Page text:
DSC00820Exciting news arrived in the post today, the delivery of our new Queen Bee, she is a Native Irish Black Bee.  Many thanks to Aoife Mac Giolla Coda from Galtee Bee Breeding Group.  The Native Irish Honey Bee is often called the ‘Black Bee’ as it is generally dark in colour – although the colour can vary. It is a strain of the Dark European Honey Bee (Apis mellifera mellifera) which is indigenous to Ireland, Britain, Scandinavia, parts of northern and central mainland Europe. What makes it so special? It is naturally adapted to our cool,damp, oceanic climate. These bees are very good at sparing their honey stores in bad weather. More exotic strains of honey bee eat through their honey stores more quickly, which could lead to starvation. Native honey bees are better at flying out and collecting nectar and pollen in colder, damper days in the summer, whereas honey bees imported from warmer climates generally need a higher temperature before they can do so. Being naturally adapted to the Irish climate, they have developed resistance to many bee diseases. They are also much hairier, which helps them to cope with cold, wet summers, yet they also perform exceptionally when the temperature rises. They are also excellent honey producers and will give a crop of honey even in mediocre summers. While we had a bad summer last year, the reports have shown that the native honey bees have coped reasonably well with most beekeepers having a reasonable crop of honey from their native honey bees.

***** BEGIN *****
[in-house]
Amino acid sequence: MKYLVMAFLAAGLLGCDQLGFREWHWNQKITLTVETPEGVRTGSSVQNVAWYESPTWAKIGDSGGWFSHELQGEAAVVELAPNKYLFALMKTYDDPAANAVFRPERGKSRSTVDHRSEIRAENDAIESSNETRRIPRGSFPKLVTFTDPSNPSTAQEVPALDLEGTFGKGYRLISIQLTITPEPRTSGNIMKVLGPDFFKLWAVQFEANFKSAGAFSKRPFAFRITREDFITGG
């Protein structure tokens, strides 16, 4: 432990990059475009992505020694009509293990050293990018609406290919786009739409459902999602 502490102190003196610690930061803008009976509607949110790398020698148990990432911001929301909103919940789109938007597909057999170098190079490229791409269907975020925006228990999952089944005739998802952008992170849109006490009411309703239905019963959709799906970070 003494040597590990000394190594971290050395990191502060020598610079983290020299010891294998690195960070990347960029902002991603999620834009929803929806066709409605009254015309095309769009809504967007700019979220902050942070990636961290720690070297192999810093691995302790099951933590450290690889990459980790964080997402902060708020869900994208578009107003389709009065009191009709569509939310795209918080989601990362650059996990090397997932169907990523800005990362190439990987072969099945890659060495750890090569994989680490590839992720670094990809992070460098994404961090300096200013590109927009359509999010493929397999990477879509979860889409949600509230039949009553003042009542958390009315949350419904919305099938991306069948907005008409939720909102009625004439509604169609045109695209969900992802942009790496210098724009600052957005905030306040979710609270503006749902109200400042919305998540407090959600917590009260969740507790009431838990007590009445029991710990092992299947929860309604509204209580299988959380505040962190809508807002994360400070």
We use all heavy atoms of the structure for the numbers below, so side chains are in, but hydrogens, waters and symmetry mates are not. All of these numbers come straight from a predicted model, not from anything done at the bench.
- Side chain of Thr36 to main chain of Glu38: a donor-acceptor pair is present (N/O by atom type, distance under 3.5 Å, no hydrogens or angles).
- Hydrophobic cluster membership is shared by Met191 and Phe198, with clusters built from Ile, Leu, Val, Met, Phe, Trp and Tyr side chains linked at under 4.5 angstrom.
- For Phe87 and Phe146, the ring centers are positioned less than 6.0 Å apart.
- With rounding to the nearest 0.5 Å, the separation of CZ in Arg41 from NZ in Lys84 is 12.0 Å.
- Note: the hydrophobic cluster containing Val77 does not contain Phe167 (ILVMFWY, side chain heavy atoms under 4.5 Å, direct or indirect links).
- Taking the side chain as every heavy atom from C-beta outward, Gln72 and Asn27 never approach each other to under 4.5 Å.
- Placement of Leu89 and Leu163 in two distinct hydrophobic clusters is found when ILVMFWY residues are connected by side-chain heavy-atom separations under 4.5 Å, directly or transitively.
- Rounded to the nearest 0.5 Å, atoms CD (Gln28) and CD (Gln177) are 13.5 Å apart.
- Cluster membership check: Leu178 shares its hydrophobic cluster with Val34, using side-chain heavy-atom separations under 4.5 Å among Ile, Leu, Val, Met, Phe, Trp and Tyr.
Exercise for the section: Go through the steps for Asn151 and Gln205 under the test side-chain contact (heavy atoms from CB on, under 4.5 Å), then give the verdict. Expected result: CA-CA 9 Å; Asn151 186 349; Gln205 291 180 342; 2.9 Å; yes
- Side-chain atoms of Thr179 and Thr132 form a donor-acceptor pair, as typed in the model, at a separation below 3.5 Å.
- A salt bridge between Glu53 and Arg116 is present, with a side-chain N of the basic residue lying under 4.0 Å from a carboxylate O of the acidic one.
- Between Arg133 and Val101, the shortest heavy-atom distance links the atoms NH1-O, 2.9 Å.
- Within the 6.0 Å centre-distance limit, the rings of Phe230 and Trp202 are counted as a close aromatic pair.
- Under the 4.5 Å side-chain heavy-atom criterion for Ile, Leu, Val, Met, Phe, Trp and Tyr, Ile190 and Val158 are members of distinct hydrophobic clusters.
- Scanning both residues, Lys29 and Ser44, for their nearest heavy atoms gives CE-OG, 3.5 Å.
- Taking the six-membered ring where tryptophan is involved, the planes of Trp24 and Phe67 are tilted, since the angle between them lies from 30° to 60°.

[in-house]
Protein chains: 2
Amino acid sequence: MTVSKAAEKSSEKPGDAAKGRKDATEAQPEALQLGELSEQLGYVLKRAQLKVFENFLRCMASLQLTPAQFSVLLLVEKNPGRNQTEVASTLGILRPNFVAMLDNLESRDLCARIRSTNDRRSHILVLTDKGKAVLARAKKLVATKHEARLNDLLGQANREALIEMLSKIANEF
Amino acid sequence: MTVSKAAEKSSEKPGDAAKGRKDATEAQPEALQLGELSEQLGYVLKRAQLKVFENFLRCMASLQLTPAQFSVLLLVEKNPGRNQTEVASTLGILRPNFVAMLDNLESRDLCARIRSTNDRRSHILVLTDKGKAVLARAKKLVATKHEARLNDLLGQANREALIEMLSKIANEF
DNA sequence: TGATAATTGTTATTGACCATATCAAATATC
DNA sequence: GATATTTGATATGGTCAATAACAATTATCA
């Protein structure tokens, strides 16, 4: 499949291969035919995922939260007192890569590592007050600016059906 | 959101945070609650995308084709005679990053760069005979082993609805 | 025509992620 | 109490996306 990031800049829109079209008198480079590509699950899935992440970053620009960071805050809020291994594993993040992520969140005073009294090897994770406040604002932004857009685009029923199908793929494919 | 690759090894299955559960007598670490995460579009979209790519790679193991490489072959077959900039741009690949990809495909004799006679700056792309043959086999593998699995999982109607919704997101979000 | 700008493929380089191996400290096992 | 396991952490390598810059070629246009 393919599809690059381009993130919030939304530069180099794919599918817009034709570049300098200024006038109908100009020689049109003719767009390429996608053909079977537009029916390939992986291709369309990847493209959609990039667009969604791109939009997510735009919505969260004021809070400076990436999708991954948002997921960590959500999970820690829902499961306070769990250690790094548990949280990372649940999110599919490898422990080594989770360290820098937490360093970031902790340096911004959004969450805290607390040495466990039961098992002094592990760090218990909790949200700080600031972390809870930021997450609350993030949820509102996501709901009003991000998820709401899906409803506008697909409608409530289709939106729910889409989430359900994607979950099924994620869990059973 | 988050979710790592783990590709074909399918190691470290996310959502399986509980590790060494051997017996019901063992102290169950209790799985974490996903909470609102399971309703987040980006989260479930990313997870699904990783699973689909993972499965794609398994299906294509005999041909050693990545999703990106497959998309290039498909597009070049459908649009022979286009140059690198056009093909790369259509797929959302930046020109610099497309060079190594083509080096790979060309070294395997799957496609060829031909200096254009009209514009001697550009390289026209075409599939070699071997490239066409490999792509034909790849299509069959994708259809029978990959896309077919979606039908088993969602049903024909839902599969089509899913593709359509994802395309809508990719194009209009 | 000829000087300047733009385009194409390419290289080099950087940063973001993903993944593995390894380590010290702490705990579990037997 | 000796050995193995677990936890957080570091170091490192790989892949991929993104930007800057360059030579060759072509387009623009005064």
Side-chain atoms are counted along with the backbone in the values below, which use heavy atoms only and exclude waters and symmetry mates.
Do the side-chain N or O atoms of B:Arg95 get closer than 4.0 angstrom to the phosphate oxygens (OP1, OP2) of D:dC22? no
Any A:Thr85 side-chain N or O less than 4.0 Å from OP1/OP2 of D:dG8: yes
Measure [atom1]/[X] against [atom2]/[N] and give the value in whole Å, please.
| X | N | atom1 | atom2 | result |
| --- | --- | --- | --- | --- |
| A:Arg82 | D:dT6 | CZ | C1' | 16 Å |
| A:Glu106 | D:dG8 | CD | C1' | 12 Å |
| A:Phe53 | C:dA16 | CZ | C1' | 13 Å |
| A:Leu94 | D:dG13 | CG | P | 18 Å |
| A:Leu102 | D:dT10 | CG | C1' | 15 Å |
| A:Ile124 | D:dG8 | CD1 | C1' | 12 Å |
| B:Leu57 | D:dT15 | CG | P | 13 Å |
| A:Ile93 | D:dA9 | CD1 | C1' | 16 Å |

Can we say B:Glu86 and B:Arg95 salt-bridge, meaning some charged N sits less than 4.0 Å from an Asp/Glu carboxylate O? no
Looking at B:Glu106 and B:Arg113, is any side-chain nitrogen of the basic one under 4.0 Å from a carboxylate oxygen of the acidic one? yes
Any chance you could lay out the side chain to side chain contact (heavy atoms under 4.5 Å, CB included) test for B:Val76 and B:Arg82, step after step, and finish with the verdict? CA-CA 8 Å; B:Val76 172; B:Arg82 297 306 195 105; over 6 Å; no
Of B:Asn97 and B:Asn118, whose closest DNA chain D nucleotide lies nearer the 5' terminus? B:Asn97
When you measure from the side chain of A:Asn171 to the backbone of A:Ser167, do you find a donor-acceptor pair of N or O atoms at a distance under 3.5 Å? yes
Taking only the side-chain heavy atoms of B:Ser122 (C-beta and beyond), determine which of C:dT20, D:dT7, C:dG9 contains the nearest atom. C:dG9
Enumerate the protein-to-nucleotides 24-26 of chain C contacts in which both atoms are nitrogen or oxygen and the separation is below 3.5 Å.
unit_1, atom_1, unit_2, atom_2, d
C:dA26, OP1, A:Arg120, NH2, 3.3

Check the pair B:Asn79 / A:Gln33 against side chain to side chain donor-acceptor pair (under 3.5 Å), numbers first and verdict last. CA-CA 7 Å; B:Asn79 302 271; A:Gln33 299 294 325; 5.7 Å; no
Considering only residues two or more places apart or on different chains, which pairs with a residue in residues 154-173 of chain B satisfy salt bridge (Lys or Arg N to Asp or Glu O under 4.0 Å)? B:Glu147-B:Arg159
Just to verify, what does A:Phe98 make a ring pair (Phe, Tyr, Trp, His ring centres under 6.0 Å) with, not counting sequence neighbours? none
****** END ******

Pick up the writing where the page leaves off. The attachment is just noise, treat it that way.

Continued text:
Never has it been more important or more difficult to support or keep the dark native Irish honey bee (Apis mellifera mellifera).  Einstein estimated that the human race will only survive for approx four years, if the honey bee becomes extinct.  Contrary to common belief, the main task of the honey bee is pollination, honey is a by product.  Without pollination there will be no food… there are parts of the world, especially Japan where it is now necessary to hand pollinate crops.

The problem with many bees is that they are unable to store large amounts of honey, so when they can’t find enough to eat and the honey in the nest runs out, the larvae starve to death.  The answer is to make sure that we use gardens and spare land to grow plants that bees like, and to make sure that there is a range of plants to create more diversity in the crops available.

The Fedration of Irish Beekeepers have an interesting website where they list the flowers and plants that are suitable for bees. Click here for their site

Video of the Queens arrival


Arrival of our Queen Bee